Ludwig van Beethoven (1770–1827)
Sonata in F major, op. 24 ‘Spring’
Adagio molto espressivo
Scherzo: Allegro molto
Allegro ma non troppo
The fifth of Beethoven’s sonatas for piano and violin was published in 1801, the same year as its predecessor, Op. 23 in A minor. Whereas that work was troubled, agitated, and difficult, the F major sonata is sunny, equable, and fresh, so that the nickname someone has given it seems less objectionable than some other such arbitrary titles. Among near-contemporary works of the composer, one somewhat similar in mood is the Op. 28 piano sonata, the Pastoral, while the key of F major was later to seem suitable to Beethoven for the development of similar sentiments on a far greater scale than in the Sixth Symphony.
This is not to say that the Spring Sonata is a small-scale work. Not only is it the first of its genre in Beethoven to have four movements, but each except the scherzo is developed with considerable breadth. Breadth and flowing lyricism immediately strike the attention in the memorable first subject. In fact, as with other memorable themes of his, it took Beethoven some effort to fashion its final form, which combines spontaneity and inevitability. The character of the movement is thus set from the outset – though there is some agitation and drama later, particularly when the recapitulation turns towards the second subject group. The basic contrast is between the essentially melodic first idea and a more broken up, dramatically exchanged second subject. The main theme returns in the coda where its first measure is developed, setting its seal even more firmly on the movement.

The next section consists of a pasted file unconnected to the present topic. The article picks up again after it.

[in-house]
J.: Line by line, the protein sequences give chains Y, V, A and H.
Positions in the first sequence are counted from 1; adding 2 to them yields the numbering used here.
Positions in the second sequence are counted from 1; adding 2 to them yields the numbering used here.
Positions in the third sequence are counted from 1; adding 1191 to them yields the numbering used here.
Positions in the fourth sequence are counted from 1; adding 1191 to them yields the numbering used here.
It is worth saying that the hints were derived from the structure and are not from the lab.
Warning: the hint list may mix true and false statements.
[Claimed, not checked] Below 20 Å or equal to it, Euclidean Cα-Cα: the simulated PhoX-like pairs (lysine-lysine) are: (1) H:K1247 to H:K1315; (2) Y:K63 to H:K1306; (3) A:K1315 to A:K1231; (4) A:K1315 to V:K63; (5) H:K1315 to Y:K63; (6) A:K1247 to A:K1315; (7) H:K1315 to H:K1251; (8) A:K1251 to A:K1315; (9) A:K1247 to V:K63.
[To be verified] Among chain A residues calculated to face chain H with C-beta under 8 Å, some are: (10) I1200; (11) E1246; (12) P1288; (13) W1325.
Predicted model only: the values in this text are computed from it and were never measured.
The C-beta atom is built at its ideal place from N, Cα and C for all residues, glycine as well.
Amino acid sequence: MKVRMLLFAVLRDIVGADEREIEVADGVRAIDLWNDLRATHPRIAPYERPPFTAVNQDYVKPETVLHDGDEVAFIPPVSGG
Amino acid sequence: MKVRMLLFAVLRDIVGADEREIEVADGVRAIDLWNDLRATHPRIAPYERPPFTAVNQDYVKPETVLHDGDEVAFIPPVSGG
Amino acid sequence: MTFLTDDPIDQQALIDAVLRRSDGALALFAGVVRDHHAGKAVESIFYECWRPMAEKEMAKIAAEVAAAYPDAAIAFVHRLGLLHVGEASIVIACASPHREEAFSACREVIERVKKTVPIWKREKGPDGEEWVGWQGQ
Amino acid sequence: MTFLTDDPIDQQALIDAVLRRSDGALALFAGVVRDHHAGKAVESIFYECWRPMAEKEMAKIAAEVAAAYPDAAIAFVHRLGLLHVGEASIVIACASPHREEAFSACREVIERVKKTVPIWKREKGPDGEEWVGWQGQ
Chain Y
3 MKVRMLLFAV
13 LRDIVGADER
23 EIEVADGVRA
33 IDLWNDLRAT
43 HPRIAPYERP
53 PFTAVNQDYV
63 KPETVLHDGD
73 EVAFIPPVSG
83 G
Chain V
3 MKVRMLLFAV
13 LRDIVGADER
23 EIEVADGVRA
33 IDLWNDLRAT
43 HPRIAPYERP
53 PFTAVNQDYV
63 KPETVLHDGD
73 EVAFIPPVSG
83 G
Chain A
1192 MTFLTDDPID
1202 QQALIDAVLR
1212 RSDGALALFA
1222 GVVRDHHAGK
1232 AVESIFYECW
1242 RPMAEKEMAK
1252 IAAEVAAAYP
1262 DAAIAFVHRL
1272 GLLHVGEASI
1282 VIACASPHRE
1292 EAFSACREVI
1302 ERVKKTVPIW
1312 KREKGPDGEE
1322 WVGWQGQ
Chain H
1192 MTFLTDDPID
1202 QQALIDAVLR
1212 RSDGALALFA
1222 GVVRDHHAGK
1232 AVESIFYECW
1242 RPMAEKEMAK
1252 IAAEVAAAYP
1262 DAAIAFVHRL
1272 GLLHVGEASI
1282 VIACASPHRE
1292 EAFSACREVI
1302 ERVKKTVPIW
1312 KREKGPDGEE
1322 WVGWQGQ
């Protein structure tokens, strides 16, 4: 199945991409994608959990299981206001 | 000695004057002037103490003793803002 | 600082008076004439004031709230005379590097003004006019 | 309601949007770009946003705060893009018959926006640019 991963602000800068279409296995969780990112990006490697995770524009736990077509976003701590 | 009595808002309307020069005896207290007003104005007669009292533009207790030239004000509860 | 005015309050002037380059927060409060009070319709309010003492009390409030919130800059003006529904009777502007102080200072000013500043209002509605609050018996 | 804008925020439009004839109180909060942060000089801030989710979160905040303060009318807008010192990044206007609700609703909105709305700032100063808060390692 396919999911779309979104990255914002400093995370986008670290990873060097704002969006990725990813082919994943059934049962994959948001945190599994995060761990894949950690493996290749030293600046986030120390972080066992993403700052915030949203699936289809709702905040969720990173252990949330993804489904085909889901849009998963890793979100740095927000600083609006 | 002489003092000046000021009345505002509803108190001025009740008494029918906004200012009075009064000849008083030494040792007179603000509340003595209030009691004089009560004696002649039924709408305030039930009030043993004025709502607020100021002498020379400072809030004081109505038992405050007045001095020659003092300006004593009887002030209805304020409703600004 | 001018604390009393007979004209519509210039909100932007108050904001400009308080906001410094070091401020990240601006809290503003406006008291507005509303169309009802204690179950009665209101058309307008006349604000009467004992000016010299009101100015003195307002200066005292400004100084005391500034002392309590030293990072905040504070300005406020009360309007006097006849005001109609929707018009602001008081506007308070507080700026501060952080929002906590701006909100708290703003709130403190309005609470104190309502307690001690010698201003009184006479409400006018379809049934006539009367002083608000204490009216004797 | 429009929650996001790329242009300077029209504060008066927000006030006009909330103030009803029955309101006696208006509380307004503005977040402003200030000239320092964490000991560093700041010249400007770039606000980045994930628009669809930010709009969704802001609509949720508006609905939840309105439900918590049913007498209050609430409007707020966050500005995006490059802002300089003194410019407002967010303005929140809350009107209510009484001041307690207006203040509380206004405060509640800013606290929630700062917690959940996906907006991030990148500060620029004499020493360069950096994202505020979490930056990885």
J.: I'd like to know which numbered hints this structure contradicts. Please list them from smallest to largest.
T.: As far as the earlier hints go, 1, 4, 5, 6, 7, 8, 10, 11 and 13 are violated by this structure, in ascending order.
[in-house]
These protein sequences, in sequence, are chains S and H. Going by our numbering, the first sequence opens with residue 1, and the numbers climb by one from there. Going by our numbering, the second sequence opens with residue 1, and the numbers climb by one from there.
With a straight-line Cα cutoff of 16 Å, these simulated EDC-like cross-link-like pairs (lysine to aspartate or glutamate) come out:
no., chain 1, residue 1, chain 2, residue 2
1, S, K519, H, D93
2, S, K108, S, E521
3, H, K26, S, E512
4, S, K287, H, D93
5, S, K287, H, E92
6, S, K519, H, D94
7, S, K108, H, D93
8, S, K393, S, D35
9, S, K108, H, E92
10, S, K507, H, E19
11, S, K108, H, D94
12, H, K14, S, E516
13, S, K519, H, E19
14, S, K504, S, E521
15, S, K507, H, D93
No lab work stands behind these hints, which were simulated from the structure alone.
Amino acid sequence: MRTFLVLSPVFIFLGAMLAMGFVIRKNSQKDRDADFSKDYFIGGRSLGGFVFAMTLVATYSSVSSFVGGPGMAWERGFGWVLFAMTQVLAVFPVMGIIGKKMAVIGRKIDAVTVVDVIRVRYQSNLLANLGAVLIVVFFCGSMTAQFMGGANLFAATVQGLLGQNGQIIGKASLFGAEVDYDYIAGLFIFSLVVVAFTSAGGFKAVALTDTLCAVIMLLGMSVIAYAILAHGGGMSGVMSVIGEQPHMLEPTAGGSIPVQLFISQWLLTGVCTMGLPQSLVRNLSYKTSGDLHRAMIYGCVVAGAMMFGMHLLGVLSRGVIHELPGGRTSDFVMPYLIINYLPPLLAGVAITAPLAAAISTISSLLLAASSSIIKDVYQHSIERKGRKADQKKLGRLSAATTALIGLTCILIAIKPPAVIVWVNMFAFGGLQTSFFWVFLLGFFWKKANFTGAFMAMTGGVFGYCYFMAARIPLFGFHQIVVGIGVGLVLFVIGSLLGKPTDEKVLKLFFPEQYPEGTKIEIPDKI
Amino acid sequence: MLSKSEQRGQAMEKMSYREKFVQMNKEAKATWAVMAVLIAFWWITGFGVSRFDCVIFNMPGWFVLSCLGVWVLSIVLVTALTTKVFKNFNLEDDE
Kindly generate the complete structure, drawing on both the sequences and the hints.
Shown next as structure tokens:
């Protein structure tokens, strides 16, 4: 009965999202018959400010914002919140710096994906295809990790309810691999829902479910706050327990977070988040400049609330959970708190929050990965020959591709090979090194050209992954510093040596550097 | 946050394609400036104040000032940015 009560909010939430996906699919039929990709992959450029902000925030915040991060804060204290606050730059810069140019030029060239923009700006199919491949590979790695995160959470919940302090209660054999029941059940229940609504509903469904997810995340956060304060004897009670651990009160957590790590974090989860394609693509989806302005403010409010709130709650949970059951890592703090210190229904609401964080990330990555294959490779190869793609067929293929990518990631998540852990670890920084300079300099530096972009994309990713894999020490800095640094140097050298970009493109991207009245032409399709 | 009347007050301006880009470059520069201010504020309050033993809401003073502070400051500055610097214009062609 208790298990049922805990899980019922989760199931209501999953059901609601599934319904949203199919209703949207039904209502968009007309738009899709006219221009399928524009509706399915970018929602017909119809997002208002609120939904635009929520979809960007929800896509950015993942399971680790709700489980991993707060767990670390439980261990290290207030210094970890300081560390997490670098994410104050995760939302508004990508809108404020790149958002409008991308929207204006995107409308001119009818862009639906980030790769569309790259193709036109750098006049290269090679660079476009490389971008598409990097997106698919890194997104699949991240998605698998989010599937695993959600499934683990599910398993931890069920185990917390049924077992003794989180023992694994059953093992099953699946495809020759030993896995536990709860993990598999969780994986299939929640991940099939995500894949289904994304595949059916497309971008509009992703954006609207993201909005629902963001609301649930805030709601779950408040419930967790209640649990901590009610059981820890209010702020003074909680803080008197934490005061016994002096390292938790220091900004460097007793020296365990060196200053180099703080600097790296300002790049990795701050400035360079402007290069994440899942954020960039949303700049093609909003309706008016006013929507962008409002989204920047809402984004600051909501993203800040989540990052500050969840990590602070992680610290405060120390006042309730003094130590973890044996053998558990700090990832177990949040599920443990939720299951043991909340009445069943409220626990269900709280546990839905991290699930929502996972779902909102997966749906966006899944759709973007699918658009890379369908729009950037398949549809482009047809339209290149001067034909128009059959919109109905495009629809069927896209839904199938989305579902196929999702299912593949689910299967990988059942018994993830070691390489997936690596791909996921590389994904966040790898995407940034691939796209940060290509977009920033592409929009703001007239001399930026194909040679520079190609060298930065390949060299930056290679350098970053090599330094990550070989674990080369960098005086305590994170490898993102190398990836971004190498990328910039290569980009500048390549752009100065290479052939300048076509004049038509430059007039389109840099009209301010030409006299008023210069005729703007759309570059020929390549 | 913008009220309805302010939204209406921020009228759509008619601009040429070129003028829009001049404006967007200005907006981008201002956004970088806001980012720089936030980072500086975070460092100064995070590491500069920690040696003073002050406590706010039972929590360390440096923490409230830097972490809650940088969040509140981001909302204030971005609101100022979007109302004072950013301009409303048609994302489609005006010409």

The slow movement, in B flat, is again distinguished by breadth of phrase and warm feeling, while the mood is more serious. Exposition is exceptionally closely shared by the instruments, each doing what it can best; the violin detaching itself to present the first theme cantabile, the piano heightening the intensity by varying it with repeated notes. In concluding the dialogue with trills on both instruments Beethoven provides an early example of his ability to raise a decorative device to an expressive function.
Breathtaking concision marks the scherzo which abruptly contrasts a syncopated exchange (the violin follows the piano a beat behind) with a trio in rapidly running notes. This prepares the listener by way of contrast for a return in the last movement to the lyricism and flow of the first. Formally this is a rondo, and because of the subtlety with which the refrain is altered and variously shaped, the effect is of almost uninterrupted development and variation. The contrast comes when, in the second couplet of the rondo, the music shifts into D minor. When the refrain returns some remote keys are explored before the coda uses a little virtuosity to provide an effective concert conclusion.
© David Garrett
Republished with the permission of Symphony Services Australia